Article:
Educates Consumers, Grades Companies

by Jamie Walden  on Monday, Jan. 18, 2010 12:00 am  

Curtis Arnold

Although is now owned by a larger firm, Arnold has kept the operation of five employees at its existing location in downtown North Little Rock. generates revenue through online advertisement sales. The model is similar to Google Adwords; however, advertisers pay for actual sales leads instead of click-throughs.

Arnold said only about 10 to 15 percent of the cards that it lists advertise with his firm, and advertisers are warned that advertising won't improve their ratings.

All About The Ratings's main function has been to call out dangerous credit offers and to praise banks that offer good credit terms.

"The premise I had for initially was rewarding those folks that had friendly credit card terms and conditions by higher ratings," Arnold said. recently put its money where its mouth is by releasing "best of" lists. Arnold lists what he considers to be the best credit card offers of 2009 by category. The categories are: best cash-back cards, best airline and travel cards, best low interest rate cards, best low introductory interest rate cards, best reward points cards, best cards for consumers with poor or bad credit, most innovative cards and the most innovative new program.

Arnold noted that several cards issued by Arkansas banks populated the list. Simmons First National Bank of Pine Bluff and Iberiabank FSB of Little Rock (formerly Pulaski Bank & Trust) compose the best low interest rate credit card category. Arnold had kind words for the institutions.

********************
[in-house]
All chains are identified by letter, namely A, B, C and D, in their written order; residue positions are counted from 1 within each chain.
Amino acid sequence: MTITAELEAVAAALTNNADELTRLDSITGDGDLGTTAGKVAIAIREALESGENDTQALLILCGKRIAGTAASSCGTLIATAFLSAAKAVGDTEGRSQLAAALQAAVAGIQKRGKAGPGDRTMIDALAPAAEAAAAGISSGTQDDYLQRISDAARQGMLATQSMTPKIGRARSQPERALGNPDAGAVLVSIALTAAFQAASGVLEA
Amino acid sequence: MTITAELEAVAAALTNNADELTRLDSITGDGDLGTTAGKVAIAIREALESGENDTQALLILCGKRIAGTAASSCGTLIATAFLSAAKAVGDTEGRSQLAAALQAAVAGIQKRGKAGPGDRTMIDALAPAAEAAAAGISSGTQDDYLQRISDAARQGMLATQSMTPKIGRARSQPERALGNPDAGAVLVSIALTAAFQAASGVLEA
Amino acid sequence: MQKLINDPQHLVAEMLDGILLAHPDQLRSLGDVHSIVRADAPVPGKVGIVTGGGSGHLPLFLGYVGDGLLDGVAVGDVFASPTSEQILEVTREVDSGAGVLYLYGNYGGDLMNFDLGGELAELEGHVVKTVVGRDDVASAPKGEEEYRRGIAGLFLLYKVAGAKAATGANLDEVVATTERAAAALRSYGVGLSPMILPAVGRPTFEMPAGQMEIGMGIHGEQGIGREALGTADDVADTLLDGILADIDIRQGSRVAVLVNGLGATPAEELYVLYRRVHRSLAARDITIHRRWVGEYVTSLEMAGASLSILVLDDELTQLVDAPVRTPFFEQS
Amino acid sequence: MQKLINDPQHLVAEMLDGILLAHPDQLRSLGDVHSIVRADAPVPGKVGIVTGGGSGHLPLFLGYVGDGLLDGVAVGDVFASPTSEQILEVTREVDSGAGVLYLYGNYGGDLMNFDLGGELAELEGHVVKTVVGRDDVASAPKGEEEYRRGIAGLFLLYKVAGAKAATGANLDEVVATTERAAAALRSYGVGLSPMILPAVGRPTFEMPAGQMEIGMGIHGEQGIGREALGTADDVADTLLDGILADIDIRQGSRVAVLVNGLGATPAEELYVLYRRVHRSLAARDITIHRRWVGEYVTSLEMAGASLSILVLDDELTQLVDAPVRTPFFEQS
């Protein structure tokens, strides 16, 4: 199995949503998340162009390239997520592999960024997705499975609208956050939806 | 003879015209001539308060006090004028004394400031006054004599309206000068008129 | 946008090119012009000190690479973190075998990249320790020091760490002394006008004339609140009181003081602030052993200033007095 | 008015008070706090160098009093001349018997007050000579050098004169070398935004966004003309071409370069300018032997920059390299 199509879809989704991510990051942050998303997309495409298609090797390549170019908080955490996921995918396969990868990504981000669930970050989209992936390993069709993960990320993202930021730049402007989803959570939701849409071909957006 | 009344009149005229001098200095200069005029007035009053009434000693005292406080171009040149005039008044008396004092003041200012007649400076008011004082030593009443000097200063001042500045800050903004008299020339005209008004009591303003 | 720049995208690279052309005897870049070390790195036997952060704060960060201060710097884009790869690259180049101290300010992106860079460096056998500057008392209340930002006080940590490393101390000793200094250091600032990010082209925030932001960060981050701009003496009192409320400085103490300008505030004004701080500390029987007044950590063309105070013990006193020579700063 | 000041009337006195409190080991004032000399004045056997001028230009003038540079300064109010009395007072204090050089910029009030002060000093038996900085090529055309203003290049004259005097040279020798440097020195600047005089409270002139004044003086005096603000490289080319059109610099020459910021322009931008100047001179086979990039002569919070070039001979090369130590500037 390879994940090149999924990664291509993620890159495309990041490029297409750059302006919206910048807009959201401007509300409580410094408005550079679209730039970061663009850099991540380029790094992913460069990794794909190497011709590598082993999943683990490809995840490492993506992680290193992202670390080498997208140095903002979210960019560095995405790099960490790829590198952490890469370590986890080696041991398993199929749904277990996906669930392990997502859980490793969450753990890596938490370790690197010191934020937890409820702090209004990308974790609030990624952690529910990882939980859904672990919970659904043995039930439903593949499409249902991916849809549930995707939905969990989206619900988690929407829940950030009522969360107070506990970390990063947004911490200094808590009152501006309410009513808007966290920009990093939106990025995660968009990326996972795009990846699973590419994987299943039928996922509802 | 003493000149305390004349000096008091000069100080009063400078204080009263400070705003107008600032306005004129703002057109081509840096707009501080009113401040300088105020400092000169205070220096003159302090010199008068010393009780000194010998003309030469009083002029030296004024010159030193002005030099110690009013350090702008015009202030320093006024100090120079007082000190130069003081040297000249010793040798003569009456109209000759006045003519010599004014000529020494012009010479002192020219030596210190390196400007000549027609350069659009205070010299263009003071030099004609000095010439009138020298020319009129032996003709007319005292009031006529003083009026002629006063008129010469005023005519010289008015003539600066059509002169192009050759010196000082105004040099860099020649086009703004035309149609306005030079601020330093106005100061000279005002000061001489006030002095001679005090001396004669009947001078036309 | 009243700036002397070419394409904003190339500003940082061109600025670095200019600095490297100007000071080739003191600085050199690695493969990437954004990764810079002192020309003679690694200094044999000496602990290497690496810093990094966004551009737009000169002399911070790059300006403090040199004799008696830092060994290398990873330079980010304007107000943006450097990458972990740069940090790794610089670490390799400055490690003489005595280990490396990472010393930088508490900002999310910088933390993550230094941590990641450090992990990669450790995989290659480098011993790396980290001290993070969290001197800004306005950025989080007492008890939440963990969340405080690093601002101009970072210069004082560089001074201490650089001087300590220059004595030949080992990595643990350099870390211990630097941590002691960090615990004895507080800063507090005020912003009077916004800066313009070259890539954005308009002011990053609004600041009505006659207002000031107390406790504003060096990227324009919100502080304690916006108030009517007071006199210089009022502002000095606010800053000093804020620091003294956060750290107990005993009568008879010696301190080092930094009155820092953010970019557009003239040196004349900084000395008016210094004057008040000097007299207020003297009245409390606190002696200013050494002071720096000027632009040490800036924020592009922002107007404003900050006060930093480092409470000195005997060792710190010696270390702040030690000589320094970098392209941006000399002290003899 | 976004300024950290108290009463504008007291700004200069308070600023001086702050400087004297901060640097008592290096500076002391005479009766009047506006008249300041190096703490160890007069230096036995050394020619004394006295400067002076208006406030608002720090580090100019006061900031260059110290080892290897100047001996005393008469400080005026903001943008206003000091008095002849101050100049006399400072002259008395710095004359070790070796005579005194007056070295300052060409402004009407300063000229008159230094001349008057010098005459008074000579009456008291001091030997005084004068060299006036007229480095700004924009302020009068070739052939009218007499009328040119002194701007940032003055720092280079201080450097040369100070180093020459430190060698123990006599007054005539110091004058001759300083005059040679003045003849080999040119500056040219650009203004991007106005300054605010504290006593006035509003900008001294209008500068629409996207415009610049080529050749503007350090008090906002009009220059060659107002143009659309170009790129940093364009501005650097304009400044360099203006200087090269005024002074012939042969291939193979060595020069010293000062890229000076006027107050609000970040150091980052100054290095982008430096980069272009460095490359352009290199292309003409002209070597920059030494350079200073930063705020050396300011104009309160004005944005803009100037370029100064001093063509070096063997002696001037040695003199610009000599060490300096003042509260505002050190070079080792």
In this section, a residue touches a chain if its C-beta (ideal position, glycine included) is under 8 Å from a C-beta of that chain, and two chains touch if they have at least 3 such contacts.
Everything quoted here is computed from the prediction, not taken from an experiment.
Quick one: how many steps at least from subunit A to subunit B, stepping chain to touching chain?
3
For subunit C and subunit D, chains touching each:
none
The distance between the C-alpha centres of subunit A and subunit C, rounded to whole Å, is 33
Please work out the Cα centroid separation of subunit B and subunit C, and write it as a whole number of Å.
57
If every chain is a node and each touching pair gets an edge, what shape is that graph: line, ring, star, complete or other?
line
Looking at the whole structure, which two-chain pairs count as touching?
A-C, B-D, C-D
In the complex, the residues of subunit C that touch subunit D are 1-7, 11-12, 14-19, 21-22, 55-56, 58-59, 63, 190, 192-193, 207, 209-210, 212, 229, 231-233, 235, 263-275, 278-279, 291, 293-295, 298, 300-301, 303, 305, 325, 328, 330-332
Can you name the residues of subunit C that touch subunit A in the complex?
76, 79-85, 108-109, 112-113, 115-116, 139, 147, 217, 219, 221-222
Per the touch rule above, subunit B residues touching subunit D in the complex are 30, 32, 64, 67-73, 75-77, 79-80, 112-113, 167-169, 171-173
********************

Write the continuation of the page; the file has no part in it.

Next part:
"Simmons Bank - who has been doing business the old fashioned way, who has had high credit standards from day one and they haven't really changed their credit standards coming out of this credit crunch - has come out smelling like a rose," Arnold said. (For more on Simmons, see story on Page 1.)

Arnold said it's been exciting and gratifying to be on part of the sweeping change that the industry will experience when the Credit Card Accountability, Responsibility & Disclosure Act of 2009 takes effect. (See sidebar.)

"We were part of this on the forefront of helping to create some massive changes for this industry that has been so associated and so notorious for the credit card fine print that everyone has grown to hate and that has really given this industry a black eye," he said.

Dealing with the CARD Act (Sidebar)
In the long run, the Credit Card Accountability, Responsibility & Disclosure Act of 2009 is a positive piece of legislation, according to Curtis Arnold, founder of However, in the short-term, the industry will devise clever, and perhaps devious, ways to offset revenue losses sustained from the regulation, he said.

Experts have predicted that the CARD Act will cost the credit card industry as much as $50 billion in lost revenue, Arnold said.



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